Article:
So what happens when you separate your to make tours into different sites? OK, well, when you do that, the cakes on those machines build the ring just like they did in New York. It’ll happen automatically. You don’t have to do anything to make this happen. And then what happens by default is the KCC will appoint a server known as a Bridgehead server, so each and each site one of the servers will be known as a bridgehead. The bridgehead is the server that does replication between the sites, and the replication occurs every hundred and eighty minutes between the bridge. It’s OK that’s called into site replication. Inter site replication.

OK. And this going to occur every 100 in 80 minutes or, in other words, three hours.


Now, by default, there is a feature known as Site Link Bridging that isn’t a site line. Bridging means that when the three hour time interval hits all bridgehead, servers talk to each other across the entire company.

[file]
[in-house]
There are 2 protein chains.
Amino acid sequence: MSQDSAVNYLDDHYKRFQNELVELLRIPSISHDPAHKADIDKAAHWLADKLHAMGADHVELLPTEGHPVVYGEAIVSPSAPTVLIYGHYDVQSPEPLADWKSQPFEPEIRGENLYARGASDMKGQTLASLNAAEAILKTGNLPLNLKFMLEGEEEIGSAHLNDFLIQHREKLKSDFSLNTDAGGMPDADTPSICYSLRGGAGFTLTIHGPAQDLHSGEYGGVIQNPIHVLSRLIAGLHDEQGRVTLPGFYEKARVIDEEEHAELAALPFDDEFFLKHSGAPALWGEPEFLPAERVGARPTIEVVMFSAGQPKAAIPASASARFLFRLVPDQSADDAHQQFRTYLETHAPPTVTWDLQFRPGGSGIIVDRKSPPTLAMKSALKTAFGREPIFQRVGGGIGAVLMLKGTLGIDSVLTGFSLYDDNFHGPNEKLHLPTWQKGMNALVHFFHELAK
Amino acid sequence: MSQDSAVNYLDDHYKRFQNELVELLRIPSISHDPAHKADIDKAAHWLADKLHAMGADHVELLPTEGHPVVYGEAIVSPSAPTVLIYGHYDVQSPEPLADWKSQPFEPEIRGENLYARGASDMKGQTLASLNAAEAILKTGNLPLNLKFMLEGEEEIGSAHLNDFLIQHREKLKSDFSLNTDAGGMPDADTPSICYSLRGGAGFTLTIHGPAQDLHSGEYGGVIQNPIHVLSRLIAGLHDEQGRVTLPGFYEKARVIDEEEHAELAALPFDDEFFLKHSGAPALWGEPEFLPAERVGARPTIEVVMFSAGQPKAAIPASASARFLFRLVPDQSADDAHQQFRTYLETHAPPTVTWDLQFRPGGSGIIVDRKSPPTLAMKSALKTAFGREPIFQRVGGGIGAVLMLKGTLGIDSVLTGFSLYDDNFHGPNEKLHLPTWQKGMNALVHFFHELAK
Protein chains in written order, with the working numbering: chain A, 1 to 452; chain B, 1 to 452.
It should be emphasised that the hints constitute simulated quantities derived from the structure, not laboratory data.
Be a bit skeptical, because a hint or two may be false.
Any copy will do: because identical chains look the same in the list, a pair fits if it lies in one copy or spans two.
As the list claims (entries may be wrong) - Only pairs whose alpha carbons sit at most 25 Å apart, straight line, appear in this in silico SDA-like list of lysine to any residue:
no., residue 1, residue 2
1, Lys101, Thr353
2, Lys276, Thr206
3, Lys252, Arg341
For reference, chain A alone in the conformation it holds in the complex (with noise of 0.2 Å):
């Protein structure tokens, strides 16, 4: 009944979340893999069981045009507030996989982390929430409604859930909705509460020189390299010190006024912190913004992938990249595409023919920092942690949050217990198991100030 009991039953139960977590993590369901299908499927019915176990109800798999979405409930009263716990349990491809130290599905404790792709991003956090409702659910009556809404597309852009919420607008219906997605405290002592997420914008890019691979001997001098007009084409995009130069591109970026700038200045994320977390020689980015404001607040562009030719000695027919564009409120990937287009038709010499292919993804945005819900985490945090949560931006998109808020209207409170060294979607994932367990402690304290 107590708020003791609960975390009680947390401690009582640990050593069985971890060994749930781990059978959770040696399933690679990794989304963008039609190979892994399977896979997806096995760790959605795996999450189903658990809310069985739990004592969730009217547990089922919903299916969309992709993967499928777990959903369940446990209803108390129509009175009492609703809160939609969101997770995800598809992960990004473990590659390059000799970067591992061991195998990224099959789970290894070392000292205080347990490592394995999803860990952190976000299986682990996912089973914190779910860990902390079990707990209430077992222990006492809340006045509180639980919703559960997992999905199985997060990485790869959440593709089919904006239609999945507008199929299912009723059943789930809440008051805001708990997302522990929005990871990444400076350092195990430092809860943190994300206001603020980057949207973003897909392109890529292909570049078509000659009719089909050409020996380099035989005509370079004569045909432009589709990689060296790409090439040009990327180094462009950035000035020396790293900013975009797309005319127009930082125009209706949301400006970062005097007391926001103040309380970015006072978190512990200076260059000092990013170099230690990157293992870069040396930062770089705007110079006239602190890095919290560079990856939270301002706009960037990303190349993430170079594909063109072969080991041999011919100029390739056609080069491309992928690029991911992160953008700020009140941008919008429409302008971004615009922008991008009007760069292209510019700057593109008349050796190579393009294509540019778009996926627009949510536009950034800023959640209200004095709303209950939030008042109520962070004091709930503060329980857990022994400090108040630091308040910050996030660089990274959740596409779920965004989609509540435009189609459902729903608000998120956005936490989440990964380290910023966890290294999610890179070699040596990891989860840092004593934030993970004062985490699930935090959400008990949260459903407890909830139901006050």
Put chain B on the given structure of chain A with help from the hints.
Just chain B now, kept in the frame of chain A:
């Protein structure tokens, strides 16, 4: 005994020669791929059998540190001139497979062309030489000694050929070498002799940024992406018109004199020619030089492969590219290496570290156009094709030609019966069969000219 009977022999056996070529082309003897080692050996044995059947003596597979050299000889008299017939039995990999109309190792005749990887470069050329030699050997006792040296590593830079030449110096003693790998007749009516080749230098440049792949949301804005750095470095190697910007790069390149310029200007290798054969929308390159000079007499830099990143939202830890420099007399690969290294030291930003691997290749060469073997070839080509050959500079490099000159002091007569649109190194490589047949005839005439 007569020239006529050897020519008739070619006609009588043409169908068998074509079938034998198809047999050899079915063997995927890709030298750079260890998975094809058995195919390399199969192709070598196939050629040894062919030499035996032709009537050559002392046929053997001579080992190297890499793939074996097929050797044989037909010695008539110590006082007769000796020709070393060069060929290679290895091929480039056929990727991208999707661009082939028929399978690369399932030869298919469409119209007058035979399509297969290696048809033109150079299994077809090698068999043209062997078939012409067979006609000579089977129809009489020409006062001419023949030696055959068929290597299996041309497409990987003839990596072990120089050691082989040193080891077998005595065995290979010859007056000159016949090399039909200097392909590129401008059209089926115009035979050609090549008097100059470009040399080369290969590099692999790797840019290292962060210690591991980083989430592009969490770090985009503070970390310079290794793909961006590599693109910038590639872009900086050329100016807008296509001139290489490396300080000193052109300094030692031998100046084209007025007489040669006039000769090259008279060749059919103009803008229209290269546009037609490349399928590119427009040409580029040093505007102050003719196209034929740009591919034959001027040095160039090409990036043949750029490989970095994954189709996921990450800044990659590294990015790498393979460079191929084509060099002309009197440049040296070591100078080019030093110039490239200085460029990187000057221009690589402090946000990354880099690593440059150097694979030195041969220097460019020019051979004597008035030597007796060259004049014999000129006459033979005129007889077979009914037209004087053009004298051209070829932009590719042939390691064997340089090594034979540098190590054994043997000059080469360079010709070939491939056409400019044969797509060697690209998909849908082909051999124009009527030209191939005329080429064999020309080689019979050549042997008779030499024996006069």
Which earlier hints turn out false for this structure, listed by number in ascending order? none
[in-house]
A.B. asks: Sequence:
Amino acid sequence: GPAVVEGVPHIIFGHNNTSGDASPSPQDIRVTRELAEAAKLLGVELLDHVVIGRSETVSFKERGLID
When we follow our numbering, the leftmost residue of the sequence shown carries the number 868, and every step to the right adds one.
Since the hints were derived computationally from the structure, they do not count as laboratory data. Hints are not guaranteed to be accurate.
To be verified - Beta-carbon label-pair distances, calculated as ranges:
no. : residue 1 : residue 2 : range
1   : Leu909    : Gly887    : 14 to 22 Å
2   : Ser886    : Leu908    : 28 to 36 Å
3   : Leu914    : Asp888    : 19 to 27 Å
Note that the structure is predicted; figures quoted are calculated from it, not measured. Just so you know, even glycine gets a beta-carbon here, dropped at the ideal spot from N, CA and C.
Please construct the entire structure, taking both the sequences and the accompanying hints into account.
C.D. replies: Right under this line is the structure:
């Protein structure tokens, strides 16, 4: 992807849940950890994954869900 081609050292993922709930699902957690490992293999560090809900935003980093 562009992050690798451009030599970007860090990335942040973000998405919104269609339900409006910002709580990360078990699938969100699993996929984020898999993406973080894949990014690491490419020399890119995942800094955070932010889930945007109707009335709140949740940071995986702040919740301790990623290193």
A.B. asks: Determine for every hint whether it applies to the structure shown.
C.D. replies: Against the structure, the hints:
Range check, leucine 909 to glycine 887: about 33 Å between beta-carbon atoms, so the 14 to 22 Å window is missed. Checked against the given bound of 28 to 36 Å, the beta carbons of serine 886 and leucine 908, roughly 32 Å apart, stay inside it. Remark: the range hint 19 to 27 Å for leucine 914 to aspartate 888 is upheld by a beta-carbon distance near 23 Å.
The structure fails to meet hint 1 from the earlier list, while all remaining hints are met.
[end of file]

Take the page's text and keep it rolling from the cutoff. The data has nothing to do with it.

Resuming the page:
So what’ll end up happening is, for example, I create this user right here on this DC.

OK, it’s going to replicate very quickly amongst the other devices in that office.

Now, when the three hour time interval hits, this Bridgehead is going to contact both of these brackets.

So this guy right here is going to learn about it in this guy right here is going to learn about it. They’re going to learn about it the exact same time. And then at that point, they’re going to replicate it around to their domain controllers, and this user account will now exist in these on all that he sees across the board.

OK. And so that’s how that’s going to work.

OK, now the other thing that I want to help you understand, and I’m going to get rid of the user account again, I want to move him out of the way. Just to kind of clean things up a little bit is I want to talk about some redundancy for your sites in case a link goes down.